All options on the table after North Korea missile test, warns Donald Trump
Donald Trump has said "all options are on the table" for a US response to North Korea's launch of a missile over Japan.
In a written statement, the US president said North Korea has "signalled its contempt for its neighbours, for all members of the United Nations, and for minimum standards of acceptable international behaviour".
"Threatening and destabilising actions only increase the North Korean regime's isolation in the region and among all nations of the world," Mr Trump added. "All options are on the table."
In a first, North Korea on Tuesday fired a mid-range ballistic missile designed to carry a nuclear payload that flew over Japan and splashed into the northern Pacific Ocean, officials said.
The launch over the territory of a close US ally sent a clear message of defiance as Washington and South Korea conduct war games nearby.
Mr Trump's statement implies that military action remains an option in resolving the stand-off over North Korea's development of nuclear weapons that could threaten America.
The US administration has in recent weeks been emphasising it wants to use economic and diplomatic pressure to achieve a negotiated solution.
Mr Trump and Japanese prime minister Shinzo Abe conferred by telephone over the latest missile test.
The White House said the leaders agreed that North Korea poses "a grave and growing direct threat" to the United States, Japan, South Korea and countries around the world.
"President Trump and prime minister Abe committed to increasing pressure on North Korea, and doing their utmost to convince the international community to do the same," the White House said.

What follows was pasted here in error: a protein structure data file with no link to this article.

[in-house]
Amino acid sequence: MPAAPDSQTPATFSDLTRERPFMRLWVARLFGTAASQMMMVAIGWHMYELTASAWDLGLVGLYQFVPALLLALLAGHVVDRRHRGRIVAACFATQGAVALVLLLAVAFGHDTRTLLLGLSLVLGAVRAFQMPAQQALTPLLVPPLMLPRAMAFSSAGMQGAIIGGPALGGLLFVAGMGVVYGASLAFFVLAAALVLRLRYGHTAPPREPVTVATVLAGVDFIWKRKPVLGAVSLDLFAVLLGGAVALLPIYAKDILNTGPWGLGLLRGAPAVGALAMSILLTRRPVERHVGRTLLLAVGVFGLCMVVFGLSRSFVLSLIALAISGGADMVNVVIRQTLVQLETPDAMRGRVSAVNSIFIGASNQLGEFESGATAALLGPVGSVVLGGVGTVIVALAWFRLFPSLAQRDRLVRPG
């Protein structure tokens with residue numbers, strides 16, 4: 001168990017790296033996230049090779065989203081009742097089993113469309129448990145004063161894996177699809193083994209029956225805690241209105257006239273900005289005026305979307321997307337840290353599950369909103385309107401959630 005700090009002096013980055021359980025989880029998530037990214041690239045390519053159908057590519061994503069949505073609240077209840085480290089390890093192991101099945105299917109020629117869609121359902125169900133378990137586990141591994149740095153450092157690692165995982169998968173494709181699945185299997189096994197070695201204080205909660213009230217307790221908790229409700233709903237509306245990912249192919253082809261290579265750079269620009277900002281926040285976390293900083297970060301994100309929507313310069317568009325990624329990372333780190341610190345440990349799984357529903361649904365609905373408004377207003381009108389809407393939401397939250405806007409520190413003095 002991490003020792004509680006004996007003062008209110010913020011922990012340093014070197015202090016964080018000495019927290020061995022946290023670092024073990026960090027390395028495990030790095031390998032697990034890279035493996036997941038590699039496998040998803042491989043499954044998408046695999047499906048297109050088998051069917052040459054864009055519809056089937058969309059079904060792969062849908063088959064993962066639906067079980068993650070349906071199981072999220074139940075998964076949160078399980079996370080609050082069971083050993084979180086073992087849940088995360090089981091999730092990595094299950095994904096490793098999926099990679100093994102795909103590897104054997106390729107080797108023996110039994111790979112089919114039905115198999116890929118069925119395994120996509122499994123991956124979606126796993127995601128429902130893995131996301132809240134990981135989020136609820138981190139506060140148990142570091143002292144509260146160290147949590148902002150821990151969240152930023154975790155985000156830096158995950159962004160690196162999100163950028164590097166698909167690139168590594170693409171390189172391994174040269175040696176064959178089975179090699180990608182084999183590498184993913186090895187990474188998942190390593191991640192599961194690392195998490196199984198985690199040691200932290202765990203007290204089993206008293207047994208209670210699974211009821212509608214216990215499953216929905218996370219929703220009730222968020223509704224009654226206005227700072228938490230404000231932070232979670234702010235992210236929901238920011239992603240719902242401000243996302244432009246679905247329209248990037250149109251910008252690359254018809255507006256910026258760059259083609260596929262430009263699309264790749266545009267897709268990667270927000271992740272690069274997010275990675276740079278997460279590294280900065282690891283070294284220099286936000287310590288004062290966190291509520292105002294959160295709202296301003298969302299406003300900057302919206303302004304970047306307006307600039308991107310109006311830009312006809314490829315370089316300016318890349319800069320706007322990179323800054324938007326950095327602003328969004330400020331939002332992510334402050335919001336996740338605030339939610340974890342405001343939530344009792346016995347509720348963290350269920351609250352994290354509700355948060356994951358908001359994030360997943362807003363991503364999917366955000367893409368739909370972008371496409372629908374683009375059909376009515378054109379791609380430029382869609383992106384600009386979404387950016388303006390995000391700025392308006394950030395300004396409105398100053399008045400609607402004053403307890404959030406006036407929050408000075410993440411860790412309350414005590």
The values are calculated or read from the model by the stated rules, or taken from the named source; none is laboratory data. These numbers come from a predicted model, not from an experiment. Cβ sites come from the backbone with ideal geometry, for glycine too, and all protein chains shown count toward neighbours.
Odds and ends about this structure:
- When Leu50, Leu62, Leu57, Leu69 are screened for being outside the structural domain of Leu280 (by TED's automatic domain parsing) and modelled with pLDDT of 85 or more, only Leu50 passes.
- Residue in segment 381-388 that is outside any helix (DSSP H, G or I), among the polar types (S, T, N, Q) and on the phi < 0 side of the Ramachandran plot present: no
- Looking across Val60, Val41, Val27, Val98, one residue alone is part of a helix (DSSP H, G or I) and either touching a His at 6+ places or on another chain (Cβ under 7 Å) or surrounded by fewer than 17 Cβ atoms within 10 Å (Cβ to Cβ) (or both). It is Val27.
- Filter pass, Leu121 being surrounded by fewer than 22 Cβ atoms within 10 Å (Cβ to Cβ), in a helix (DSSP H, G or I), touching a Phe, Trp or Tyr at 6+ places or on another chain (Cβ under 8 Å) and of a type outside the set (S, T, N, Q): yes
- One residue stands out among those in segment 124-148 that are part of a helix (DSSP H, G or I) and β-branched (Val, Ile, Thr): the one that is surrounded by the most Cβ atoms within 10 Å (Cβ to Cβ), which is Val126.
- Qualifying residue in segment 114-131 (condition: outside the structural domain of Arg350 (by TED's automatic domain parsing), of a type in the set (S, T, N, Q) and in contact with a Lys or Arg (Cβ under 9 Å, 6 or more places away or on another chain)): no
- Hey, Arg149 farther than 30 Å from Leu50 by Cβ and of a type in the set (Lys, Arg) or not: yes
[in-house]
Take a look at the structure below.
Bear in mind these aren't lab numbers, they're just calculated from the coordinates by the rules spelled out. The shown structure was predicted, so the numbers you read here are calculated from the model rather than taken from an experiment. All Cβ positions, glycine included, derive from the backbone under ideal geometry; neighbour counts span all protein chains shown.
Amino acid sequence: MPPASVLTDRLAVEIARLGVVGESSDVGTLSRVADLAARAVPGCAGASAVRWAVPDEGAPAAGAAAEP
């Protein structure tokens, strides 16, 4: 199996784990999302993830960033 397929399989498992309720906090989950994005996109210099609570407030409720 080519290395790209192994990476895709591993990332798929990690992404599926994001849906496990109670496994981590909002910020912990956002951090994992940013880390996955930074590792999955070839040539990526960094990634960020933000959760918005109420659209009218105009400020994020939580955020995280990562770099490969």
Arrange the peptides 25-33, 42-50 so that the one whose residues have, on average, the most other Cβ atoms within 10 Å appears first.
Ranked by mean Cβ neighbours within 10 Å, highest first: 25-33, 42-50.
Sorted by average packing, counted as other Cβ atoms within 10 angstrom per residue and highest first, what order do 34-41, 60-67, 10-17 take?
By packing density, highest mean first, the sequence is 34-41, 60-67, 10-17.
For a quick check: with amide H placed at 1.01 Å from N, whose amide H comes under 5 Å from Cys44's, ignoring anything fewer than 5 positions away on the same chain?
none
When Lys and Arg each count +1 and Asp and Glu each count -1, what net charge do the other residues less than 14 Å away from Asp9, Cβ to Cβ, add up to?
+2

Mr Abe said in a statement that "Japan's and the US positions are totally at one".
The prime minister added that both nations were in "total agreement" that an emergency meeting was needed at the UN Security Council to step up pressure on North Korea after what he called an unprecedented threat.
He also said Mr Trump expressed his "strong commitment" to defending Japan.
North Korea's latest test came weeks after the UN Security Council voted unanimously to impose tough new sanctions against the government in Pyongyang.
It also followed a series of missile launches late on Friday, and came after a period in which the US and North Korea had traded heated rhetoric over Pyongyang's continued missile tests, which violate UN Security Council resolutions.
Mr Trump last week praised North Korea's decision to back down from its earlier threats to attack the US territory of Guan.
"I respect the fact that I believe he (Kim Jong Un) is starting to respect us," Mr Trump said at a campaign rally in Phoenix. "I respect that fact very much. Respect that fact. And maybe, probably not, but maybe something positive can come about."